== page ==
John Springford / Mar 2021
No one has much interest in talking about Brexit in the UK at the moment. The pandemic means that voters have more important things on their mind. The Conservatives are enjoying a bounce in the polls, thanks to the fast vaccination roll-out, and do not want to highlight the dreadful trade data that’s starting to come through. Labour wants to move on from Brexit, believing that ignoring the issue will help them win back pro-Brexit voters in Wales and the Midlands and North of England. But the scale of the hit to UK trade may make the topic hard to avoid as the pandemic recedes.
My new analysis shows that leaving the EU’s single market and customs union led total UK goods trade to fall by 22 per cent, compared to a modelled Britain that remained within the single market and customs union in January 2021. Exports to the EU fell by 40 per cent, but the relevant statistic in terms of economic performance is total trade, because it tells us whether the British economy as a whole is becoming more closed. January’s trade losses are on top of my other estimate, which shows that Brexit had already led to a 10 per cent reduction in total UK goods trade between the referendum in 2016 and the end of the transition period, which finished on 31st December 2020.
Simply put, the method works as follows. An algorithm chooses – from a ‘donor pool’ of 22 advanced economies – a selection of countries with economic characteristics that most closely matched those of the UK over the last decade, and puts them together to create a doppelgänger UK. By comparing the UK’s goods trade performance from January 2021 to that of the doppelgänger, we can assess how damaging leaving the single market has been to Britain’s trade, while also correcting for the effects of the pandemic. And by comparing the UK’s trade performance with another doppelgänger UK that did not vote to the leave the EU in 2016, we can determine how much the decision to leave the EU had already cut UK trade before the transition period ended.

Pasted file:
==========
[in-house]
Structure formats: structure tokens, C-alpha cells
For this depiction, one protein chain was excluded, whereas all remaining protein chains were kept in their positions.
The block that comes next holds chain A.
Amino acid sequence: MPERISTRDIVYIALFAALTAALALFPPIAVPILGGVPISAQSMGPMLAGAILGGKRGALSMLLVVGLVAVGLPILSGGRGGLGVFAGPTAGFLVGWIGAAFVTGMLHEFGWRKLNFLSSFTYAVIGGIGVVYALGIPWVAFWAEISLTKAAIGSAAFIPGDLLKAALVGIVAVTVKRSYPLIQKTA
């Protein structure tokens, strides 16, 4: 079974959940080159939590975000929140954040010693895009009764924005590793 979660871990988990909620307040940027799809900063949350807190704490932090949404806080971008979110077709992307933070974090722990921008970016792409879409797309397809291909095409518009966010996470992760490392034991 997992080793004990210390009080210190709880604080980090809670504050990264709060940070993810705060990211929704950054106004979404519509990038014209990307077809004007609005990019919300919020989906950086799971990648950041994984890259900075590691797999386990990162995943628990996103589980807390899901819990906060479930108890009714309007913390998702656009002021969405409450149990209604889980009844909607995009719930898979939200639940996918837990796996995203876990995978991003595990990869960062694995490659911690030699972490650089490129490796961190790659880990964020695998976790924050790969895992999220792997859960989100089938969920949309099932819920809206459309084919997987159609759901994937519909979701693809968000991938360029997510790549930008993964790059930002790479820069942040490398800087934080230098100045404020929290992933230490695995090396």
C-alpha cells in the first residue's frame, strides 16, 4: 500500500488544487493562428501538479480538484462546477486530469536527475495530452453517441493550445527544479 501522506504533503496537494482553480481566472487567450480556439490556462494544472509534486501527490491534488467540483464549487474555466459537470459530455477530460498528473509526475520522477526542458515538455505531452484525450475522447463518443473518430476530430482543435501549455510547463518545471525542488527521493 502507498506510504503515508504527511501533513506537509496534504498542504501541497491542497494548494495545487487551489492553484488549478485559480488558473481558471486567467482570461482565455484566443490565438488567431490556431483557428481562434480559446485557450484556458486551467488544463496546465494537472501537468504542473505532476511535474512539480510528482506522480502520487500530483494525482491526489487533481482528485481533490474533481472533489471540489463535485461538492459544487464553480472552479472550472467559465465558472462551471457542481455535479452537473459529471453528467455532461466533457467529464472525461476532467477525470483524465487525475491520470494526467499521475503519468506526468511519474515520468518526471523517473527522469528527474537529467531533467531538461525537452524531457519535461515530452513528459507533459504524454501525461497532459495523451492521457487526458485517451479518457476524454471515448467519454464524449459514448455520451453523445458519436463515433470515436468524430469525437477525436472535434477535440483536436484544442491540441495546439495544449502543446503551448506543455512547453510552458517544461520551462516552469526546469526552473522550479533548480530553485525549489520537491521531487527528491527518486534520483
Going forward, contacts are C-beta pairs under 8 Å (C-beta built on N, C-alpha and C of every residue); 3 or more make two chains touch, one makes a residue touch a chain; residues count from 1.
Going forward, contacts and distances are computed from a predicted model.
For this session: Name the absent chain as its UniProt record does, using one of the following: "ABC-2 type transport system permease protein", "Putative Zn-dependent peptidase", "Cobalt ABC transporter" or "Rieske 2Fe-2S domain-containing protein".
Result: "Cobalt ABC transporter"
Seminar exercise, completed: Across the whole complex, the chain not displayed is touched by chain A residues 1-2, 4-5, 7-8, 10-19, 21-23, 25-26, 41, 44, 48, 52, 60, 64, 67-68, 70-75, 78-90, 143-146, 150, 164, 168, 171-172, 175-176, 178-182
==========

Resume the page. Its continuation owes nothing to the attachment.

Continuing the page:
UK-EU trade should improve in future data releases. There were teething troubles as hauliers stayed away from Britain’s ports in order to avoid congestion, and some of those who did make the journey carried incorrect forms with them or failed to follow other procedures. Stockpiling before Christmas will also have reduced trade in January. Britain’s Office of National Statistics has (unhelpfully) changed the way it measures goods trade, which may artificially reduce trade in January and inflate it in February (this effect will be one-off, the ONS says). Trade flows have been improving since, according to the British government, and future updates of our model will determine the extent to which trade is permanently lower as a result of leaving the single market.
But the pandemic is not disrupting goods trade at present. Unlike GDP or services trade, in the UK and other OECD countries goods trade had returned to its pre-pandemic level by the end of 2020, despite the new waves of the virus that began in the autumn of 2020. Few countries closed down manufacturing plants when restrictions were tightened in the autumn, because they were found to play a minor role in transmission. We can therefore be confident that Britain’s lockdown in January is not significantly skewing the estimate.
We can start to infer how accurate the forecasts for the impact of Brexit were by comparing them to our results. Our 2014 gravity model for goods trade suggested that leaving the single market and customs union would reduce total goods trade by 18 per cent. Thomas Sampson of the London School of Economics and colleagues at UK in a Changing Europe forecast in 2019 that Boris Johnson’s deal would reduce UK trade by 13 per cent, and that would result in a fall in national income per capita of 2.5 per cent (only including the efficiency losses from lost trade: when the impact on productivity was also taken into account, the cost grew to 6.4 per cent). They forecast these declines to take place over a decade, but their – and my – numbers are smaller than the reduction in trade so far.
Time – and our models – will tell us whether UK trade will improve as stockpiles are run down and the new arrangements bed in. But so far, it’s not looking good: a hit to trade of this size entails big structural changes to the British economy, with capital and workers being shifted between sectors of the economy, businesses going bust, and higher prices for imports eroding living standards. The recovery from the pandemic will mask the effect of Brexit on headline GDP and unemployment numbers, but the longer-term prospects for UK growth do not look rosy.